Listening through a Homework Challenge

My daughter was given a month to learn all the states and their capitals. She’s in fifth grade. About two weeks before the due date, she had learned some states, but not many, and I made the suggestion that we work together. I offered to help her learn groups of about six states at a time, thinking that this would help her meet the deadline.

After she memorized the first six, she got completely overwhelmed. She felt she couldn’t possibly learn all the states, and she had a huge cry. Then she proceeded to learn the second set of six states and capitals, but again she felt that this was too much for her. She had another long cry. She kept saying, “I’ll never learn this. I just can’t do it!” She also got mad at me for having this particular idea of how to learn the states, and cried about my “interference.” I was somewhat confused by this, and wondered if I had gotten too involved in this assignment.

Somewhere between the third and fourth set of six states, she again felt hopeless about learning them all, and had a third big cry. Each cry she had went on for a half hour or more. She felt she could never do the assignment, and expressed frustration and anger at me, at the assignment, and at the world. I knew that the crying would help her eventually, so I kept listening and wondering how this was all going to turn out.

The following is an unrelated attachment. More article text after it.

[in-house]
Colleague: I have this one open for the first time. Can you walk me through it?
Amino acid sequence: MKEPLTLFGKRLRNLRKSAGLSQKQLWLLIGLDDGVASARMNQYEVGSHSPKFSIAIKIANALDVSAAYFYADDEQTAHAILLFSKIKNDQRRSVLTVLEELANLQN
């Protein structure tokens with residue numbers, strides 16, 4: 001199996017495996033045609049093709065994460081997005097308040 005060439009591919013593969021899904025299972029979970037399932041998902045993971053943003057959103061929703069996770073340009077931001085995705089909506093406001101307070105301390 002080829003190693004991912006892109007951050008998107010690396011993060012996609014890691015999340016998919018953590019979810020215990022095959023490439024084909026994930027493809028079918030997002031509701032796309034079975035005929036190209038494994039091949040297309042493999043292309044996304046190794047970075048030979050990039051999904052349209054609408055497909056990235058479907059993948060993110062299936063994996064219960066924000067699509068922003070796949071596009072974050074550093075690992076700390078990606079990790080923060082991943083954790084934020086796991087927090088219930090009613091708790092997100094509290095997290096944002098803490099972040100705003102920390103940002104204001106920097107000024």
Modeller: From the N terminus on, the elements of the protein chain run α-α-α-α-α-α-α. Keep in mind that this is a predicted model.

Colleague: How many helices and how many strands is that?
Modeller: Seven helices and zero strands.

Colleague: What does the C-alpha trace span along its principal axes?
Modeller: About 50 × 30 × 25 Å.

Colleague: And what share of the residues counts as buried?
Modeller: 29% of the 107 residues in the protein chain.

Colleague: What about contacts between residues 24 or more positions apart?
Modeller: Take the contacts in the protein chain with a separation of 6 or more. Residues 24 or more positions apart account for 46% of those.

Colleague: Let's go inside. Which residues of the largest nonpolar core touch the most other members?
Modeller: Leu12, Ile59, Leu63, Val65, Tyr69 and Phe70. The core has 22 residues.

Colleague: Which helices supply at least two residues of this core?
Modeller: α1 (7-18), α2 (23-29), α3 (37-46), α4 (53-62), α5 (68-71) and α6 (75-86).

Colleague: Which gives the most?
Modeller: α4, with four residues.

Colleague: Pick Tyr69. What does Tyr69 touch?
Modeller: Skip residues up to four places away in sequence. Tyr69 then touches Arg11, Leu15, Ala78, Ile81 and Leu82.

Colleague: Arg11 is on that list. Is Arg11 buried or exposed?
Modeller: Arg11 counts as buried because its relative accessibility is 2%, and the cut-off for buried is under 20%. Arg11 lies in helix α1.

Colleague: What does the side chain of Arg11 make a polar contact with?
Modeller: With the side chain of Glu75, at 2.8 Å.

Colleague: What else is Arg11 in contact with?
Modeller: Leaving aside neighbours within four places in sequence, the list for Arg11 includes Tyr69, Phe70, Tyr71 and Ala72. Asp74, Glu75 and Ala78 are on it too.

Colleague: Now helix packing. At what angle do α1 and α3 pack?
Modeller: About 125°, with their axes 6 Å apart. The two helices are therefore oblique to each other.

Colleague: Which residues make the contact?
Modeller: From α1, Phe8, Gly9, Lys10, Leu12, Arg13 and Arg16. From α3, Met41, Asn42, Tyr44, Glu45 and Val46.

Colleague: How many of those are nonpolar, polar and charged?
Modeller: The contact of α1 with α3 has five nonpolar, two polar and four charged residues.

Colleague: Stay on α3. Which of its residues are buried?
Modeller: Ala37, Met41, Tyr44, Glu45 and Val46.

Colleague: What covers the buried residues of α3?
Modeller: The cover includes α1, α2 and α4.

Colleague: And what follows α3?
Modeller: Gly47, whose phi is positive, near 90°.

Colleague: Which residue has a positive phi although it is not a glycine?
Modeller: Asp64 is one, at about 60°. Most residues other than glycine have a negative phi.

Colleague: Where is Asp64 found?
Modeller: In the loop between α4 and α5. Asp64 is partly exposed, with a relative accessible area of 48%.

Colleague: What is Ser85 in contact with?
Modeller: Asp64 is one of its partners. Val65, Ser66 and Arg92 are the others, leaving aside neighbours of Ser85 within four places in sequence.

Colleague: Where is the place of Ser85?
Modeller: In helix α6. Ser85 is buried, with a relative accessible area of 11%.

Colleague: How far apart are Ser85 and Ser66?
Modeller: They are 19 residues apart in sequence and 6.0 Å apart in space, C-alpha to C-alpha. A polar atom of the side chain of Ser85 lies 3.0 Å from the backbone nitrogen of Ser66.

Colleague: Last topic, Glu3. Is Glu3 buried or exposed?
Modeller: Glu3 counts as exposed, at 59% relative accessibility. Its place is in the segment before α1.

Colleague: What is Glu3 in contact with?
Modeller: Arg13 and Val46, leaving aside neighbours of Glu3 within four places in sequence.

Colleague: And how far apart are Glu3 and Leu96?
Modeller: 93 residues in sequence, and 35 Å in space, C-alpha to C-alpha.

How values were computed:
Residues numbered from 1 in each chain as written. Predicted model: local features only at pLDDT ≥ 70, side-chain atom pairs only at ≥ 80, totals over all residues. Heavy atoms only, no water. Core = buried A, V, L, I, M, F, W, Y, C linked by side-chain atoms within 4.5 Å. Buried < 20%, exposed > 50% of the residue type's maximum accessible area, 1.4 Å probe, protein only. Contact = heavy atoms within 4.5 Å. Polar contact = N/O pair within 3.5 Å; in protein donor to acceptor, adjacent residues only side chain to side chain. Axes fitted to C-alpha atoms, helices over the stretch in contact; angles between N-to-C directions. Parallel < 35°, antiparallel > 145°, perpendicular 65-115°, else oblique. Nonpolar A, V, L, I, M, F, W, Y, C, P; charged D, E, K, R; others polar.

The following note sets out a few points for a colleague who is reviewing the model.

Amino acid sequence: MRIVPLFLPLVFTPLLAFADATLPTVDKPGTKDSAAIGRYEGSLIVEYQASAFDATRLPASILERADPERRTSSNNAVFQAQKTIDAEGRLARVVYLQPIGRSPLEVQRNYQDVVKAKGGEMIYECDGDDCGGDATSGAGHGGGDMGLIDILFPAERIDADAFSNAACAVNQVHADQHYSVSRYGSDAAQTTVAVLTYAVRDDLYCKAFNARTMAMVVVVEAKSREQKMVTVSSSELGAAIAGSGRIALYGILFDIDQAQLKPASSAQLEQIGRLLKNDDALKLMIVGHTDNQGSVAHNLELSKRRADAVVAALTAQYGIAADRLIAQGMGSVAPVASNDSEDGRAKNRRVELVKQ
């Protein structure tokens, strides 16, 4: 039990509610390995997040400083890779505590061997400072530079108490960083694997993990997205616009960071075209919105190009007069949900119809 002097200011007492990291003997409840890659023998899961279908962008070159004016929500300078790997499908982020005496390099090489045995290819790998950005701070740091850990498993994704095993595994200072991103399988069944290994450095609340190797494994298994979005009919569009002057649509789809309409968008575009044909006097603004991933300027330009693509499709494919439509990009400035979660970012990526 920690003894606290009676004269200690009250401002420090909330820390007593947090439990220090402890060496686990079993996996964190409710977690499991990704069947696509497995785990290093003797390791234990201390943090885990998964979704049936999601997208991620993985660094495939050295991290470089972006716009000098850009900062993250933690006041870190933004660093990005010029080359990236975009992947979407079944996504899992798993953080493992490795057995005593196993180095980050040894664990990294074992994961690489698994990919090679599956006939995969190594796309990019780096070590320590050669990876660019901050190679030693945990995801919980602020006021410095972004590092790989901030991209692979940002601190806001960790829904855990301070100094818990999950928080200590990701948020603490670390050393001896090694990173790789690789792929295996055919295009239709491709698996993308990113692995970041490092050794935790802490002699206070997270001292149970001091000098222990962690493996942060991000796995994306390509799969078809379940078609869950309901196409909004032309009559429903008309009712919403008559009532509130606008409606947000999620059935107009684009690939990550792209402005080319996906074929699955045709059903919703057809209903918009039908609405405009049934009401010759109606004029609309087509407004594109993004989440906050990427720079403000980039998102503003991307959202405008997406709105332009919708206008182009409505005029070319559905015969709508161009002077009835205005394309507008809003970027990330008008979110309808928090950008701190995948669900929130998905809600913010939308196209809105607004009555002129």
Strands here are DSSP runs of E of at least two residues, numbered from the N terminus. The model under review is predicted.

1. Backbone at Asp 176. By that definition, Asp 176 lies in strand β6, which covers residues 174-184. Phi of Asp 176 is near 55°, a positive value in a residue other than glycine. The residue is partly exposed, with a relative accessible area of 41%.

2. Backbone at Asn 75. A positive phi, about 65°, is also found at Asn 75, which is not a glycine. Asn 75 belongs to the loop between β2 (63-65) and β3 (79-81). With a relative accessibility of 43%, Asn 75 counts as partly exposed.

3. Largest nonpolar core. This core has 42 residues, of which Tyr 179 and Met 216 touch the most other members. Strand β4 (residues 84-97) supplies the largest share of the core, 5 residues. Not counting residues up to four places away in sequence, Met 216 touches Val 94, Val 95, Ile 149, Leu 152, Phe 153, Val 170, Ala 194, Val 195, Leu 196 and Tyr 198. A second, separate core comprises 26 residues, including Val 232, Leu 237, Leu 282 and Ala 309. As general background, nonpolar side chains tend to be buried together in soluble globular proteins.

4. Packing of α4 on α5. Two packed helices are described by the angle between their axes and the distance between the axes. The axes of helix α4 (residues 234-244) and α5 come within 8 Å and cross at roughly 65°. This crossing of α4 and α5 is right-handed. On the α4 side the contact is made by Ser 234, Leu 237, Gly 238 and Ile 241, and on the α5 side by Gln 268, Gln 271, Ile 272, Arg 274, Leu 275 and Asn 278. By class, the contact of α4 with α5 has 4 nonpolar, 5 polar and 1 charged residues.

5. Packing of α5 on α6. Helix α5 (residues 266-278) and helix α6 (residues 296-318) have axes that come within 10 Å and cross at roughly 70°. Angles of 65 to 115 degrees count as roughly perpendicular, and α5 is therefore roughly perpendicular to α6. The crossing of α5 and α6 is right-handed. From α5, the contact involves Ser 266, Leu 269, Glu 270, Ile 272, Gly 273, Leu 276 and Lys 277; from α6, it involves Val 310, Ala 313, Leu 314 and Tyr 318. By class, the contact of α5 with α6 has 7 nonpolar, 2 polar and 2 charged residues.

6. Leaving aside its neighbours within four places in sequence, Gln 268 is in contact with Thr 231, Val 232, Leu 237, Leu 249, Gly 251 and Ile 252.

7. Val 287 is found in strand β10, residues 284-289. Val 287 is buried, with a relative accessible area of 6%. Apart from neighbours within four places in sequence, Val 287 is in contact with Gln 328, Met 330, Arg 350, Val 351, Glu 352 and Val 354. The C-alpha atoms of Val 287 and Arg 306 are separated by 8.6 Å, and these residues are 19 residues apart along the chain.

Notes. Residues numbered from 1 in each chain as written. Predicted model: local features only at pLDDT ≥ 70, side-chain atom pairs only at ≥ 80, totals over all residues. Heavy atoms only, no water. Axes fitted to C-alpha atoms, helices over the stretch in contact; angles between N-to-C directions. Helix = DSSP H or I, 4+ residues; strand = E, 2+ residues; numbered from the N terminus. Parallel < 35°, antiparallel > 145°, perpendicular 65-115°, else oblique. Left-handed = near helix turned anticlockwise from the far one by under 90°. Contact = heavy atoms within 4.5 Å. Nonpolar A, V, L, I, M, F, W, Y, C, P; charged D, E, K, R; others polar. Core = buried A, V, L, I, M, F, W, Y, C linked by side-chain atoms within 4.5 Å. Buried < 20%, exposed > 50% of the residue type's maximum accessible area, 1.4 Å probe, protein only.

After the third cry, everything changed. All of a sudden, she learned the next sets of states quickly and easily. She took on a set of 18 states and capitals, and did them all at once. Three days before the test, she asked me to quiz her on them, and she knew them all! She was ecstatic, and I think there was a part of her that was amazed that she had done something she was sure she never could do. She was absolutely proud of herself.

The day before the test, she was completely confident that she would get 100%, and she was actually looking forward to the test! She usually showed a lot of anxiety around tests, so I’d never seen her like this before. After the test was over, she expressed dismay that it was over, and she told me that she wished she could do it again! She has referred to it again and again as one of the major learning feats of her life, and she has thanked me profusely for my help with the project, saying that she never could have done it without me. It was so helpful to me to see this whole process work!

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